Study: 9 in 10 ALS patients infected with Lyme bacteria

There have been several studies that found a strong link between Lyme disease and Amyotrophic Lateral Sclerosis. The Halperin paper is one. The Halperin paper found Lyme infection in nearly all ALS patients in their study group, but Halperin, a long-time "debunker" of chronic Lyme disease dismissed this as a "coincidence" and the paper's authors even fudged the numbers in their summary to make the Lyme infection rate seem "only" 47%.

Not too long ago, scientific research papers were freely available online but nowadays, most are zealously guarded by a few publishing conglomerates that charge about the same for an article as you would expect to pay for the latest music DVD of a superstar. When you purchase, you give them your name, address, email address and IP address and have to agree not to reproduce the article. The whole system is designed to keep medical breakthroughs secret to the public in general and journalists in particular, and to intimidate and prosecute those who seek to uncover such secret knowledge. Aaron Swartz sacrificed his life trying to change this situation.

No wonder that the average person with ALS has no inkling of the fact that there is solid research, showing that ALS is strongly associated with Lyme disease.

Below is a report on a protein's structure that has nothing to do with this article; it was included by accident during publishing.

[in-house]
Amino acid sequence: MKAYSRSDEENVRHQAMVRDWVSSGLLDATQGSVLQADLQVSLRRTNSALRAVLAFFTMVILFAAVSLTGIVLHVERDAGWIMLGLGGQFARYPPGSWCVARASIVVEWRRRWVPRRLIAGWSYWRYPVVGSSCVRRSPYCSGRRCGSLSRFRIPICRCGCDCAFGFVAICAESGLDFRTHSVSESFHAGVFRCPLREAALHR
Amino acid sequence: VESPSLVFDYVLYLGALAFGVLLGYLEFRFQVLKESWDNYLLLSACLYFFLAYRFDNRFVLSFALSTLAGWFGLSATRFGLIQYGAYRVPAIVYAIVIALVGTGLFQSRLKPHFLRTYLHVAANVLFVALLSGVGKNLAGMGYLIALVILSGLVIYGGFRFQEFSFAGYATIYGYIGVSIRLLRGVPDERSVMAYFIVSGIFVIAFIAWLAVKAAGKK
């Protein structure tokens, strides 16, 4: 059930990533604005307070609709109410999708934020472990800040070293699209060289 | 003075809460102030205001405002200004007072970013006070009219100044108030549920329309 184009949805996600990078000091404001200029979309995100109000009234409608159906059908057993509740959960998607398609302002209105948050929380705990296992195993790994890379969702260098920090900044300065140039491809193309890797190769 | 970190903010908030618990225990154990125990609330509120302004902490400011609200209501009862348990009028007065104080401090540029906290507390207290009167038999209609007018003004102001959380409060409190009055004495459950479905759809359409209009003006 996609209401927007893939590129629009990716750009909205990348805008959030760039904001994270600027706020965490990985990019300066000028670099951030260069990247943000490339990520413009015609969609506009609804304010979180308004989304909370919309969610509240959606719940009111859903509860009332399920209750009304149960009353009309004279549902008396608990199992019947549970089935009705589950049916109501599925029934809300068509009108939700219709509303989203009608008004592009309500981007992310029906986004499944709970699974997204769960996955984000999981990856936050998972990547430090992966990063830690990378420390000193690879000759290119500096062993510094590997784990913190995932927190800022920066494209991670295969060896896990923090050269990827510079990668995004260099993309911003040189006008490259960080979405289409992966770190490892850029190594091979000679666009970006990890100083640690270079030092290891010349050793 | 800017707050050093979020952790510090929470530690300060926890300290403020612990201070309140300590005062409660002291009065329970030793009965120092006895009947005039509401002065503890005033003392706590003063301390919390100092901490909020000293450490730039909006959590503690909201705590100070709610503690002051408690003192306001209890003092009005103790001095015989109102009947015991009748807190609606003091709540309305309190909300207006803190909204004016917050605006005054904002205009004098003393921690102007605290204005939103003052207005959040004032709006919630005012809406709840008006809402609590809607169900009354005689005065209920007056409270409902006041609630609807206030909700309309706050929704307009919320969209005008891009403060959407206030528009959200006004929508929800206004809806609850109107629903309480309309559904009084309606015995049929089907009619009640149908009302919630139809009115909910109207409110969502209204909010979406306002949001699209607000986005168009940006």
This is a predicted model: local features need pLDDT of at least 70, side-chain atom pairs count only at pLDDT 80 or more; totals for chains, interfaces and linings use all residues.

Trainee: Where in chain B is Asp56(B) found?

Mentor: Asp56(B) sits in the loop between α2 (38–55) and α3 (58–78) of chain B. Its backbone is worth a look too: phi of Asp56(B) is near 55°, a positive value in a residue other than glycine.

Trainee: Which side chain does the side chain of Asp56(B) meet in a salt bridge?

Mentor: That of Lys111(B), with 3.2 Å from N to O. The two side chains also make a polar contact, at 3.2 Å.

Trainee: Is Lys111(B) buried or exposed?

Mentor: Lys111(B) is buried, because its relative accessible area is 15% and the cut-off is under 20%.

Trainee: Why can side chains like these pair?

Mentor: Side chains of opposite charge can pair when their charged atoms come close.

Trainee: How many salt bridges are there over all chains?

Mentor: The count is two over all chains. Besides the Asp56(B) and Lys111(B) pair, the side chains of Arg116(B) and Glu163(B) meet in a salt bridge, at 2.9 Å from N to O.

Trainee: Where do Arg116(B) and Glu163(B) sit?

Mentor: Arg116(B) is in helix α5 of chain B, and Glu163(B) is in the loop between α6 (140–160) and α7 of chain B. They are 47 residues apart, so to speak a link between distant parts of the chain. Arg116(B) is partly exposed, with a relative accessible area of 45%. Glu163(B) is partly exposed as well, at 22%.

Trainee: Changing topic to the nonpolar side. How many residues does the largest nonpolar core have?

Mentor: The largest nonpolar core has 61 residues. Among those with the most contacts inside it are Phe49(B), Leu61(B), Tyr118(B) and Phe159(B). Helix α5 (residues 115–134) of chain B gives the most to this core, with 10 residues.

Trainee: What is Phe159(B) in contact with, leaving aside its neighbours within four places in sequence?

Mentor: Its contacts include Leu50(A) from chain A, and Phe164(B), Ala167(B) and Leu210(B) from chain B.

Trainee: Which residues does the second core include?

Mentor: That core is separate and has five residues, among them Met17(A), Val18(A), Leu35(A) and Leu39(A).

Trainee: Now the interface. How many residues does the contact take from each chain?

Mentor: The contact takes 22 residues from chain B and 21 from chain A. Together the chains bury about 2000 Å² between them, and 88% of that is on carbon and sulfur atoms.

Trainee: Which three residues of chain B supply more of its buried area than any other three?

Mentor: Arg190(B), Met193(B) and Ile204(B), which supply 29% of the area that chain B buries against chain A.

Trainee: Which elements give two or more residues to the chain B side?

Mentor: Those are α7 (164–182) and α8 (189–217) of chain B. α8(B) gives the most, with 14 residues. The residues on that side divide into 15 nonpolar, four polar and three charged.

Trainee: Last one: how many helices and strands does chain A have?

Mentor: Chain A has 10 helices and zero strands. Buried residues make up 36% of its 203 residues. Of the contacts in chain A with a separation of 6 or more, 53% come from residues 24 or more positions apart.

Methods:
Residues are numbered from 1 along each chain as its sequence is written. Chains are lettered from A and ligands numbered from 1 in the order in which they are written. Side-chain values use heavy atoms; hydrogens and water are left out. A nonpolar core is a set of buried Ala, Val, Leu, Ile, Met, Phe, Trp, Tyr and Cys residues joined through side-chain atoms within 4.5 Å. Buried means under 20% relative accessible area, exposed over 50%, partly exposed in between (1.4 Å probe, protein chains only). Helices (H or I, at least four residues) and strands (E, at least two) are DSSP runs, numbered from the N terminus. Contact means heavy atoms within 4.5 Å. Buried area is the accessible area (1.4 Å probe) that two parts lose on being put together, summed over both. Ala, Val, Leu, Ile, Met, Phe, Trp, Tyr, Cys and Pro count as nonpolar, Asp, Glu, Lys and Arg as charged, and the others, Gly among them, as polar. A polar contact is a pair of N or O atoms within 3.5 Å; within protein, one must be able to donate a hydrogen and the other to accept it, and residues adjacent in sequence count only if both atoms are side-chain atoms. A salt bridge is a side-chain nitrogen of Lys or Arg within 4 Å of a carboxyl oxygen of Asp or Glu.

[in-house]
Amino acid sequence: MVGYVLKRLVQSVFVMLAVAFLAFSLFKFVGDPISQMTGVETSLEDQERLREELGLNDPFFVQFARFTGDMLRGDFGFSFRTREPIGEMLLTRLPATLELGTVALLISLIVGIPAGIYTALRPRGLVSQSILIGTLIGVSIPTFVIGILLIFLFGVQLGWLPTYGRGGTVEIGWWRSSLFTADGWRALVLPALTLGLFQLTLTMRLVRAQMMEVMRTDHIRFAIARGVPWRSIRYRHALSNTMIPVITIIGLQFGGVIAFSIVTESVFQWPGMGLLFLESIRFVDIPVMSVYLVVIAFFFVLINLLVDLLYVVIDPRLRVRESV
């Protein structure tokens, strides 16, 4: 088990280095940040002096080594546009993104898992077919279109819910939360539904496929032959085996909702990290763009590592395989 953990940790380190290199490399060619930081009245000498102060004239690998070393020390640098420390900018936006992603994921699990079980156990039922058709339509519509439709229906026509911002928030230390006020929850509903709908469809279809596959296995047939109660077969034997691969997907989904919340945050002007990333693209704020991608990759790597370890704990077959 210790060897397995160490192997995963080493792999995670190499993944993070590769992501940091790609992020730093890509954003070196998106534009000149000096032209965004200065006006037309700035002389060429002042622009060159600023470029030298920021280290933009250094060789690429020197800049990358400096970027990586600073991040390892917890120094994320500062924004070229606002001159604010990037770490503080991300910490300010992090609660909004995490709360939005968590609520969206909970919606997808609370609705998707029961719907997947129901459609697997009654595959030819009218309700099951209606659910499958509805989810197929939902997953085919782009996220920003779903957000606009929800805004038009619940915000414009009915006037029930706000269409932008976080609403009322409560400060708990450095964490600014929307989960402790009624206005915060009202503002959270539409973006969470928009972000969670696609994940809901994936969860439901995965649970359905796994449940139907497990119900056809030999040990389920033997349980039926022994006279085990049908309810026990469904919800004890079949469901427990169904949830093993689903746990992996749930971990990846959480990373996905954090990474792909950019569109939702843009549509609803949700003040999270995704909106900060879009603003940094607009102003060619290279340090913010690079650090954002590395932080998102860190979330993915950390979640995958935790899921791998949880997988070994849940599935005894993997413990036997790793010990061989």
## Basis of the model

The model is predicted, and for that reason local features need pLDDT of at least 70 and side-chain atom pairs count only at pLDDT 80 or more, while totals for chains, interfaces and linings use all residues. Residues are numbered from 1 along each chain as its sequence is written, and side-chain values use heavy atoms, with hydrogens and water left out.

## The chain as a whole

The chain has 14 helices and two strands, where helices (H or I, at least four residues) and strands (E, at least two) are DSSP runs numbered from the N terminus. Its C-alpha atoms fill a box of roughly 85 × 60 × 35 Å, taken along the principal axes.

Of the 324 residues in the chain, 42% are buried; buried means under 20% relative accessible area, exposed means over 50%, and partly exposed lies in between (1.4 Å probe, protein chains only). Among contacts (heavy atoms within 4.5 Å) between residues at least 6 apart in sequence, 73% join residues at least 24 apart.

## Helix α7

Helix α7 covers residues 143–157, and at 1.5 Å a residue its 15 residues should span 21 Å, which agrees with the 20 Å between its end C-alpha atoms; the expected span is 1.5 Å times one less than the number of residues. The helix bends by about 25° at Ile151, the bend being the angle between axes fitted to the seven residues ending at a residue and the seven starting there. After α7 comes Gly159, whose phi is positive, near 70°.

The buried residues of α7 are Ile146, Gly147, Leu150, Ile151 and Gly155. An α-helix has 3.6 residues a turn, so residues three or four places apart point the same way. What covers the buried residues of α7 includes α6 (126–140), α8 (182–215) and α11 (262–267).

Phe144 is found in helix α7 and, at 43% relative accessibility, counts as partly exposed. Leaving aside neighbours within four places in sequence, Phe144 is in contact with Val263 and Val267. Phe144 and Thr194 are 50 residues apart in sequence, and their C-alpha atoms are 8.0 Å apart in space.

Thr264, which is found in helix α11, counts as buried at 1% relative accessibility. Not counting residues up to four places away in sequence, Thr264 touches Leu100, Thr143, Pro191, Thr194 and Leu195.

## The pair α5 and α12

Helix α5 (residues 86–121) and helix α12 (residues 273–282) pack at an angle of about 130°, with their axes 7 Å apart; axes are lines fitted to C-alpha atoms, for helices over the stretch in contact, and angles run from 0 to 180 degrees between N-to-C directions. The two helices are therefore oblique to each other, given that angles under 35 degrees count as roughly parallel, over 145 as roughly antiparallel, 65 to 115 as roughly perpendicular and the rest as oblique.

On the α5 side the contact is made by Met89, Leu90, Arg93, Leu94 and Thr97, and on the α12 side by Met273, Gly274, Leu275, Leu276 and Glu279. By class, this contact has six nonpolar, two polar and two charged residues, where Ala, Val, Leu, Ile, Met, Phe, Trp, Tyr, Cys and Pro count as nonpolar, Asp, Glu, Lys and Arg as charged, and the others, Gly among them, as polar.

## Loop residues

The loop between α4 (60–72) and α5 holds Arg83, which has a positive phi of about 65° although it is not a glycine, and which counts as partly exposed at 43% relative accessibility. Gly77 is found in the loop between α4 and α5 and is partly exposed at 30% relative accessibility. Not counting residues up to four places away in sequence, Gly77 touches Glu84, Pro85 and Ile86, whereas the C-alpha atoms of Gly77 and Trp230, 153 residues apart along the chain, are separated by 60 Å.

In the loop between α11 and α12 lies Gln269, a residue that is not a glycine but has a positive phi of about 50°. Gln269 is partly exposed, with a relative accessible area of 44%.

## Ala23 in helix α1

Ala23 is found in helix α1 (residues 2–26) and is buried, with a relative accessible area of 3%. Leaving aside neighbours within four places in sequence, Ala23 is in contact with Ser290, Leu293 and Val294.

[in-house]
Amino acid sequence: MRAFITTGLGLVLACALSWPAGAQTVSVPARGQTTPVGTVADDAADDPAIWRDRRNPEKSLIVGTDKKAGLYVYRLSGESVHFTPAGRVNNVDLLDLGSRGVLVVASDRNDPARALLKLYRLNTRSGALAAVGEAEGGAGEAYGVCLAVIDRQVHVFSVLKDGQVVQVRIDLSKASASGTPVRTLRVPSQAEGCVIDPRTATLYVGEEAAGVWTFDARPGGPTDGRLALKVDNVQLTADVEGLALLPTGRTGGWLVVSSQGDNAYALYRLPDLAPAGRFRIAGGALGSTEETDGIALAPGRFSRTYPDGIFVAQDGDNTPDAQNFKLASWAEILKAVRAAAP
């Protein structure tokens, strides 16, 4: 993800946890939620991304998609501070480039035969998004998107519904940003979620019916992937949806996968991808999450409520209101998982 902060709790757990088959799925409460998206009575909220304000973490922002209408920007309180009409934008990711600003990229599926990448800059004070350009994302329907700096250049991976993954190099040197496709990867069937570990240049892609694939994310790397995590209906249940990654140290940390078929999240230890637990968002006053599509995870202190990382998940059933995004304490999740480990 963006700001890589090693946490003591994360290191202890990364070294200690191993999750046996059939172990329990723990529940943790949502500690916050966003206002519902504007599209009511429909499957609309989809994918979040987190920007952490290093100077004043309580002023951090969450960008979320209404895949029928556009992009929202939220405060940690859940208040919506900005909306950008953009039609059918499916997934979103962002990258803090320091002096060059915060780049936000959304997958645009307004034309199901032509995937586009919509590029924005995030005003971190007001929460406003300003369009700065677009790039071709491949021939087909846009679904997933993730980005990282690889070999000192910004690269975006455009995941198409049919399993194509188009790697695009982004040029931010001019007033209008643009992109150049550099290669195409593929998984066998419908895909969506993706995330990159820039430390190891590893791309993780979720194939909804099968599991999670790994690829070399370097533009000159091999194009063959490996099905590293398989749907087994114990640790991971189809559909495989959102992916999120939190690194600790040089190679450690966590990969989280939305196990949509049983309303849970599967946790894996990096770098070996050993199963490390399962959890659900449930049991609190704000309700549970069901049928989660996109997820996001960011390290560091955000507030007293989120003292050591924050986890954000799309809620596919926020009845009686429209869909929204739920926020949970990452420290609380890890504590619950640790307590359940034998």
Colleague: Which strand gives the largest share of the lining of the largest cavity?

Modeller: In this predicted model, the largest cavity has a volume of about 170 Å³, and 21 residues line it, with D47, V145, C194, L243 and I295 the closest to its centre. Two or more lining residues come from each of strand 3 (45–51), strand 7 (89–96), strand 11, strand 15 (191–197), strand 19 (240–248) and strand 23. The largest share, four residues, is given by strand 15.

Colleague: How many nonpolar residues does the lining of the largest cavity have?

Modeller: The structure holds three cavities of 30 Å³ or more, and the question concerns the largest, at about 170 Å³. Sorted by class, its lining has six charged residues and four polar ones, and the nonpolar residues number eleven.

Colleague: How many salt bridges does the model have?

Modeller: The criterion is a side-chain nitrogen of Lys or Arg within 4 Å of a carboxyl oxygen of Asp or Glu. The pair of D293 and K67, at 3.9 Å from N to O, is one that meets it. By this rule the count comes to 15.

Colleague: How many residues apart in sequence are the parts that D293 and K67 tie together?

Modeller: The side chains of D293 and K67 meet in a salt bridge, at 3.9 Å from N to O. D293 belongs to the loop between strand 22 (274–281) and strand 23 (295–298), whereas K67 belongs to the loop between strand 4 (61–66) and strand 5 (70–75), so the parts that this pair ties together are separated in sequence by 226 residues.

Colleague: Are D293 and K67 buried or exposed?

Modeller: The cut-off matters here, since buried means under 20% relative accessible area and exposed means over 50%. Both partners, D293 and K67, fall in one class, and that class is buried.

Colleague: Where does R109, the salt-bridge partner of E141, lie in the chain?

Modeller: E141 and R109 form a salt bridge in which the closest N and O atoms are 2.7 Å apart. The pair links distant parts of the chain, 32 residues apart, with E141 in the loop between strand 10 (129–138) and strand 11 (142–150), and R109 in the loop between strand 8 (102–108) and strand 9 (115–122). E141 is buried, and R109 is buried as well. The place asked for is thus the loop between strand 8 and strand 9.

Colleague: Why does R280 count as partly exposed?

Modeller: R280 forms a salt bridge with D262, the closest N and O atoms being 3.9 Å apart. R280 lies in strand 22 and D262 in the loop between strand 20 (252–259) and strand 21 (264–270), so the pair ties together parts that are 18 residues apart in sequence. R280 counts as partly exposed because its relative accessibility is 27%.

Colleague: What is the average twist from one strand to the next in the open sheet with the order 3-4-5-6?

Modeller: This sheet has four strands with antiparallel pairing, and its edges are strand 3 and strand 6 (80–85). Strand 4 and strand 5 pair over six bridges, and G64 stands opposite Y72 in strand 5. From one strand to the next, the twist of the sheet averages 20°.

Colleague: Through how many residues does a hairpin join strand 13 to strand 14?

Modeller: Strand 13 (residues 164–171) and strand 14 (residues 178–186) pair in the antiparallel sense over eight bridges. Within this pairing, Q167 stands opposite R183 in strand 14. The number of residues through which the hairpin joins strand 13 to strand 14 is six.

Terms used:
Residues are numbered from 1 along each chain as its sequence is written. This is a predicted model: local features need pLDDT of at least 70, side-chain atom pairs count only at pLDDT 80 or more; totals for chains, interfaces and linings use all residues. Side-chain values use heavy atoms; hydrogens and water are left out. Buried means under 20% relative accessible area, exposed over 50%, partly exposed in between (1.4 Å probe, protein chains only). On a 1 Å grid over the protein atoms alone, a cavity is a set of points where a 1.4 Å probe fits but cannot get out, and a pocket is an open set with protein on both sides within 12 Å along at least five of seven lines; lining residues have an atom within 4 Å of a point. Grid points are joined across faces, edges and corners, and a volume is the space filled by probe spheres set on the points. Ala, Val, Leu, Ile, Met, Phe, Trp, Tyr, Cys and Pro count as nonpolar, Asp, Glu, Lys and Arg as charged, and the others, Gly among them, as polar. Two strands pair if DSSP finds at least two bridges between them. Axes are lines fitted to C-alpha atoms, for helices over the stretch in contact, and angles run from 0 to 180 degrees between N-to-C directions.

The Halperin paper mentions in its first paragraph (green box below) that nine out of nineteen ALS patients tested positive for Lyme. The notoriously unreliable ELISA test was used, a test with an unacceptably high proportion of false negatives. So that would be 47% of ALS patients testing positive for Lyme.

47% would be an astonishingly high number by itself, but the paper's authors, led by the infamous "Chronic Lyme does not exist" anti-Lyme activist Dr. Halperin "cooked the books" and only casually mentioned further in the paper (red boxes below), that in fact it was 21 out of 24 ALS patients that tested Lyme-positive, making it 88%, or almost nine out of ten patients. Since the false-negative rate of the tests used is notoriously high, we are justified in concluding that most likely, every single ALS patient in their study was Lyme-positive.

The authors decided to pretend that cell-mediated immunity to Borrelia did not count as "Lyme-positive", even though it is a certain indicator of internal exposure to the bacterium.[1]